The Republican Party’s shutdown drama in Washington will cost us dearly, even if Congress averts a strike

(J Scott Applewhite/Associated Press)

The Republican Party’s shutdown drama in Washington will cost us dearly, even if Congress averts a strike

On Ed

Jackie Calmes

November 16, 2023

Are you tired of Congress experiencing repeated partisan deadlock every time a major budget deadline approaches, like this week? Are you tired of breathless reporting about impending government shutdowns or debt defaults, knowing that the partisans (almost) always reach a compromise, as they did on Tuesday?

Or have you now logged out?

Here’s why you should pay attention: These senseless, self-inflicted crises have cost us taxpayers a lot of money in higher interest rates on American debt.

even when

Congress succeeds in preventing a government shutdown or bankruptcy. Moreover, they have taken an incalculable toll on public confidence in government.

And know that this irresponsibility is not an issue on either side. Democrats and Republicans are not equally to blame. More than a quarter of a century ago, it was Republicans who provoked the confrontations, imposing conditions that could not in themselves become law, both in financing the government and raising the national debt limit so that the Treasury can continue to borrow to pay the debt obligations. accounts.

In fact, Republicans have made it routine that the budget is under pressure when a Democrat is in the White House. They were secretly complicit as the federal debt grew by nearly $8 trillion over time

under former president

the Trump administration.

The serial tax dramas have real consequences. The last one came

just last



Moody’s Investors Service announced that it had changed its outlook for U.S. government debt from negative to stable, partly due to continued political polarization.

The company’s statement did not explicitly mention Republicans; Private sector analysts stick to politically neutral prose, not least to avoid alienating clients. But in detailing the congressional dysfunction that sees it as both an economic and political problem, Moodys gave four examples: renewed debt restraint, the first impeachment of a House Speaker in U.S. history, the continued Congress’s inability to select a new Speaker of the House of Representatives, and the increased threat of another partial government shutdown.

These examples only describe the Republican majority in the House of Representatives.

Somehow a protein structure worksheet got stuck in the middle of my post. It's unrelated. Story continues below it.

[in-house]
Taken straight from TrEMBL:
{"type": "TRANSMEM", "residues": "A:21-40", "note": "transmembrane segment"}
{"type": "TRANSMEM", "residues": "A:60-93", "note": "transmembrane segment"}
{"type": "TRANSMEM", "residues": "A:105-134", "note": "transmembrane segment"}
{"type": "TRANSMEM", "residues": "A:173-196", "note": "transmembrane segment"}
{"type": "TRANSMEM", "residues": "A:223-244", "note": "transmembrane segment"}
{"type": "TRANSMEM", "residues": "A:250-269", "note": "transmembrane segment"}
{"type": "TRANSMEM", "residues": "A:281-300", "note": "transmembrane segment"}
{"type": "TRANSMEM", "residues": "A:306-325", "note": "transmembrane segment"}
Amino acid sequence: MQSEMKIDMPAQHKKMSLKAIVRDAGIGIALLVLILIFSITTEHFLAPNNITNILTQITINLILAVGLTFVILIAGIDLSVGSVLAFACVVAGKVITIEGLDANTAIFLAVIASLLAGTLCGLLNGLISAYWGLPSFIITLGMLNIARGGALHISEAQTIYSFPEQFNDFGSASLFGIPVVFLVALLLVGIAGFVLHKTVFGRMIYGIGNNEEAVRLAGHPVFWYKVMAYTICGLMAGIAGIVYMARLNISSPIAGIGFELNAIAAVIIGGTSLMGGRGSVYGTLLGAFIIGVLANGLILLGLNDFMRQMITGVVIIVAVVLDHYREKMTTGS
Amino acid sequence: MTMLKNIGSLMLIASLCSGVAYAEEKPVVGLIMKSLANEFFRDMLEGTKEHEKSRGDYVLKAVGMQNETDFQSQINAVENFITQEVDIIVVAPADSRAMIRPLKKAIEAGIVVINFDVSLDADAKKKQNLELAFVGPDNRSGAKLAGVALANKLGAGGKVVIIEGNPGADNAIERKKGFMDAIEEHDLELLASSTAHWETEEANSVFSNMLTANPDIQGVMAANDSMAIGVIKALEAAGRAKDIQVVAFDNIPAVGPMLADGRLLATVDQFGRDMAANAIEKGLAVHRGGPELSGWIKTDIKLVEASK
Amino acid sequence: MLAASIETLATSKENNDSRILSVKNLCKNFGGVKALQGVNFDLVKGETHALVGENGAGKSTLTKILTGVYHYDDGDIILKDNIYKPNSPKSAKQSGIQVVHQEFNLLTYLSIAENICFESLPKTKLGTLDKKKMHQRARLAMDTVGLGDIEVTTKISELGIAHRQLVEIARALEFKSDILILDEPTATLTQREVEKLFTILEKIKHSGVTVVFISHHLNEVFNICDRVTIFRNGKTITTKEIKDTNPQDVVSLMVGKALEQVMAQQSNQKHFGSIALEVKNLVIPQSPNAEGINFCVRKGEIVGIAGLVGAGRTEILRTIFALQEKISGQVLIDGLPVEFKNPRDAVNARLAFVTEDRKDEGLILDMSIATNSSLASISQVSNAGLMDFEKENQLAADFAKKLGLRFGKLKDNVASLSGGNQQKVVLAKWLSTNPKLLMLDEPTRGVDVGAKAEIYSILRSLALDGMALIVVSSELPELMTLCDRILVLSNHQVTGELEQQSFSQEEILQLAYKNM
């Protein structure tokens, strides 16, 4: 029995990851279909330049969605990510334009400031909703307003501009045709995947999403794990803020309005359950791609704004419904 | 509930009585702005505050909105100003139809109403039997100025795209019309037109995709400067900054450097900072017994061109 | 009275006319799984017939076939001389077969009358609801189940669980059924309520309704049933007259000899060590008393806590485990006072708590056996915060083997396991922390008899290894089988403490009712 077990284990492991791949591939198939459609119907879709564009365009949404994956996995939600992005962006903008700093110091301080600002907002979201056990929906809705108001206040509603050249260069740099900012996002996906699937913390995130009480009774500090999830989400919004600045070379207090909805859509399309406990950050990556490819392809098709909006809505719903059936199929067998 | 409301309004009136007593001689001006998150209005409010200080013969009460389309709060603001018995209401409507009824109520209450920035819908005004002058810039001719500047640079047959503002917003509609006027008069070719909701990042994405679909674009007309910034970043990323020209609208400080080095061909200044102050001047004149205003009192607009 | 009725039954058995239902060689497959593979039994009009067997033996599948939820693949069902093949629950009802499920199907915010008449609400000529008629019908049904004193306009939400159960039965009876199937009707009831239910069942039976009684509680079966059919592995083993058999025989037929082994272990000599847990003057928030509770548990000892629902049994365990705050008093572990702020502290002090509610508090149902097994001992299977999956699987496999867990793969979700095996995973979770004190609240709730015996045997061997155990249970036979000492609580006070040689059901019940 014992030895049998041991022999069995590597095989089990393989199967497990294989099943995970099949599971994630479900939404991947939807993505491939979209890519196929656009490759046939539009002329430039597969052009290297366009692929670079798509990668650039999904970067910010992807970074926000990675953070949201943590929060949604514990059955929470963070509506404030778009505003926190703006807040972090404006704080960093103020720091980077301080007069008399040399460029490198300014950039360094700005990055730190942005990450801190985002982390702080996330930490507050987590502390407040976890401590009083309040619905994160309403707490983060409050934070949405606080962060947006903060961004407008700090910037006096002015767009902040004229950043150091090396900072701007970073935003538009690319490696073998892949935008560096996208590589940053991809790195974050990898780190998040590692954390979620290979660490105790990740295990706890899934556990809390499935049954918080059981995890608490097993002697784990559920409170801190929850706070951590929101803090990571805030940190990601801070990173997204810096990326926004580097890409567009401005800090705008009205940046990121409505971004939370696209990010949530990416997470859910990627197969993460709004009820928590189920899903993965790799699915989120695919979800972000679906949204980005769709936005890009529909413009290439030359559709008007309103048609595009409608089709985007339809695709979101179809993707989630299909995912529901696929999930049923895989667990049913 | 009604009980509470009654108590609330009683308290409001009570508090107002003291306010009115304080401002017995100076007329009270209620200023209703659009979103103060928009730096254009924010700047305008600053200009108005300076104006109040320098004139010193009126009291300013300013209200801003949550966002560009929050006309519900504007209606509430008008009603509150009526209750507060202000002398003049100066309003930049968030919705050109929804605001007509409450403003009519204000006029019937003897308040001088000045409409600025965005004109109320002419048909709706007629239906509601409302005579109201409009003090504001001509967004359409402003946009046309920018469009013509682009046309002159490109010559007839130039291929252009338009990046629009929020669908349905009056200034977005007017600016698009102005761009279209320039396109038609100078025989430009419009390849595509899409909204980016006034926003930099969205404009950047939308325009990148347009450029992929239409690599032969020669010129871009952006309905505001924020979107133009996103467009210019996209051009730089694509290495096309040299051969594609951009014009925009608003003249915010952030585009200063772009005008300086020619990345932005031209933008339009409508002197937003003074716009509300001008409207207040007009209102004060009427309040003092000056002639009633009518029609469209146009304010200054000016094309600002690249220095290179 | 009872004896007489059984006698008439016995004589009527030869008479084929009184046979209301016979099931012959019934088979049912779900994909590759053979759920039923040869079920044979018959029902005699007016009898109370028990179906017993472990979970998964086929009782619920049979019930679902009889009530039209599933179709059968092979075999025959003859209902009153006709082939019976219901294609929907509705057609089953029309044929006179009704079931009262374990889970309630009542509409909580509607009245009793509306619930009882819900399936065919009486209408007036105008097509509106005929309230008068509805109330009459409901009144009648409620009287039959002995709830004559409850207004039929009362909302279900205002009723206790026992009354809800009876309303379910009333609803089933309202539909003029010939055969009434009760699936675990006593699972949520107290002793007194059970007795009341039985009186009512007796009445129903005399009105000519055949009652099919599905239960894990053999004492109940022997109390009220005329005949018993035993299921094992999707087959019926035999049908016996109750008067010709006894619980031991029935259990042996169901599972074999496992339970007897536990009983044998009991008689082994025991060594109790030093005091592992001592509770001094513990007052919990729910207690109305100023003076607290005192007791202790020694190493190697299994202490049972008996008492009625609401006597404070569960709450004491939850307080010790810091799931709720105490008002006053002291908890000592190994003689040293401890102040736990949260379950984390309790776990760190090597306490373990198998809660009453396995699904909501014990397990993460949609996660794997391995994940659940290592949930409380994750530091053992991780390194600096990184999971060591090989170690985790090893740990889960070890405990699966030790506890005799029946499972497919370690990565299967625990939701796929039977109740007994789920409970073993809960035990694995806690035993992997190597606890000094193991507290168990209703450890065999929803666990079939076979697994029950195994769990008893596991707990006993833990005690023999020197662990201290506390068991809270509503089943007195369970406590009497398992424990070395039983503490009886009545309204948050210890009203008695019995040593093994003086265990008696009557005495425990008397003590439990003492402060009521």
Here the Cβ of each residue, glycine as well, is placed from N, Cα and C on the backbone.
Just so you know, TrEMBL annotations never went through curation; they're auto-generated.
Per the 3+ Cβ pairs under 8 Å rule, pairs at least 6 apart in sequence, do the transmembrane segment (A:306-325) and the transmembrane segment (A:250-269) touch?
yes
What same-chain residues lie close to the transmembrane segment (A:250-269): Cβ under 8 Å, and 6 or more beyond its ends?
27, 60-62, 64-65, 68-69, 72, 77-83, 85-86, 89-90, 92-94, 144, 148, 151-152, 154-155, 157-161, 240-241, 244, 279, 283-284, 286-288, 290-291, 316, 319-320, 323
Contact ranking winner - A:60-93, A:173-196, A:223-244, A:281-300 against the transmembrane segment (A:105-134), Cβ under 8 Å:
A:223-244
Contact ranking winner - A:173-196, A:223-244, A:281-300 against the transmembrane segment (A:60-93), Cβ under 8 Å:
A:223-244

Tuesday the latest shutdown threat


temporarily suspended. Novice House Speaker Mike Johnson of Louisiana couldn’t resolve Republicans’ infighting over how much to cut spending and other nonstarter demands, including anti-abortion add-ons. He turned to Democrats for enough votes to pass an emergency funding bill that would simply extend current spending levels.

keeping the government open and

Congress buys the time until February to finally reach an agreement for this budget year.

So the story is not over yet. Although Moody’s lowered its outlook for U.S. debt, it maintained the country’s triple-A rating, the highest possible. If Congress makes another crack at the funding process in the new year, Moody’s is ready to nullify that too.

That, in turn, could push countries’ creditors, who buy government bonds and banknotes, to demand governments pay higher interest rates.

which alone



to the annual deficit


the bill that we as taxpayers are ultimately responsible for.

Two rating agencies have already downgraded the US credit rating from AAA to AA+. Fitch Ratings did so in August, shortly after Republicans in the House of Representatives refused to raise the debt limit without unrealistically deep cuts. The last-minute debt deal that now-ousted Speaker Kevin McCarthy negotiated with President Biden enraged far-right Republicans and marked the beginning of his end.

Fitch’s reasoning predicted Moody’s. The analysis indicated a steady deterioration in governance standards over the past two decades. In other words, dysfunction is nothing new; it’s only gotten worse in the MAGA era. Again, Fitch did not specifically quote Republicans, but the timeline makes it clear who he was accusing.

Fitch had warned months earlier that the demise of the debt ceiling and continued doubts about the 2020 presidential election were worrying signs. When Fitch ultimately downgraded the credit rating, Fitch reportedly told Biden administration officials that the January 6, 2021, insurrection was a factor. According to the Associated Press, Fitch concluded that government stability deteriorated between 2018 and 2021 and then increased when Biden succeeded Trump. But then Republicans took over the House of Representatives this year.

Fitch’s credit rating downgrade was only the second time in the country’s history that the U.S. credit rating has been downgraded. The first was after A 2011 debt limit crisis, when Standard & Poors downgraded the AAA rating


It never recovered the top rating.

There is a parallel between Congress’s budget crisis


2011 and 2023: Those years came after Republicans won a majority in the House of Representatives in the midterm elections and decided to shake things up under a Democratic president. In 2011, it was the tea party takeover. Now we have the MAGA house.

Republicans once claimed the descriptor “fiscally conservative.” But in my decades of covering fiscal policy, I’ve seen them squander that brand


Pushing for excessive spending cuts to reduce deficits while resisting them


tax increases, threatened shutdowns and near-bankruptcies are not the tactics of fiscal conservatives.

We are now tired of brinkmanship. If only the Republicans were too.



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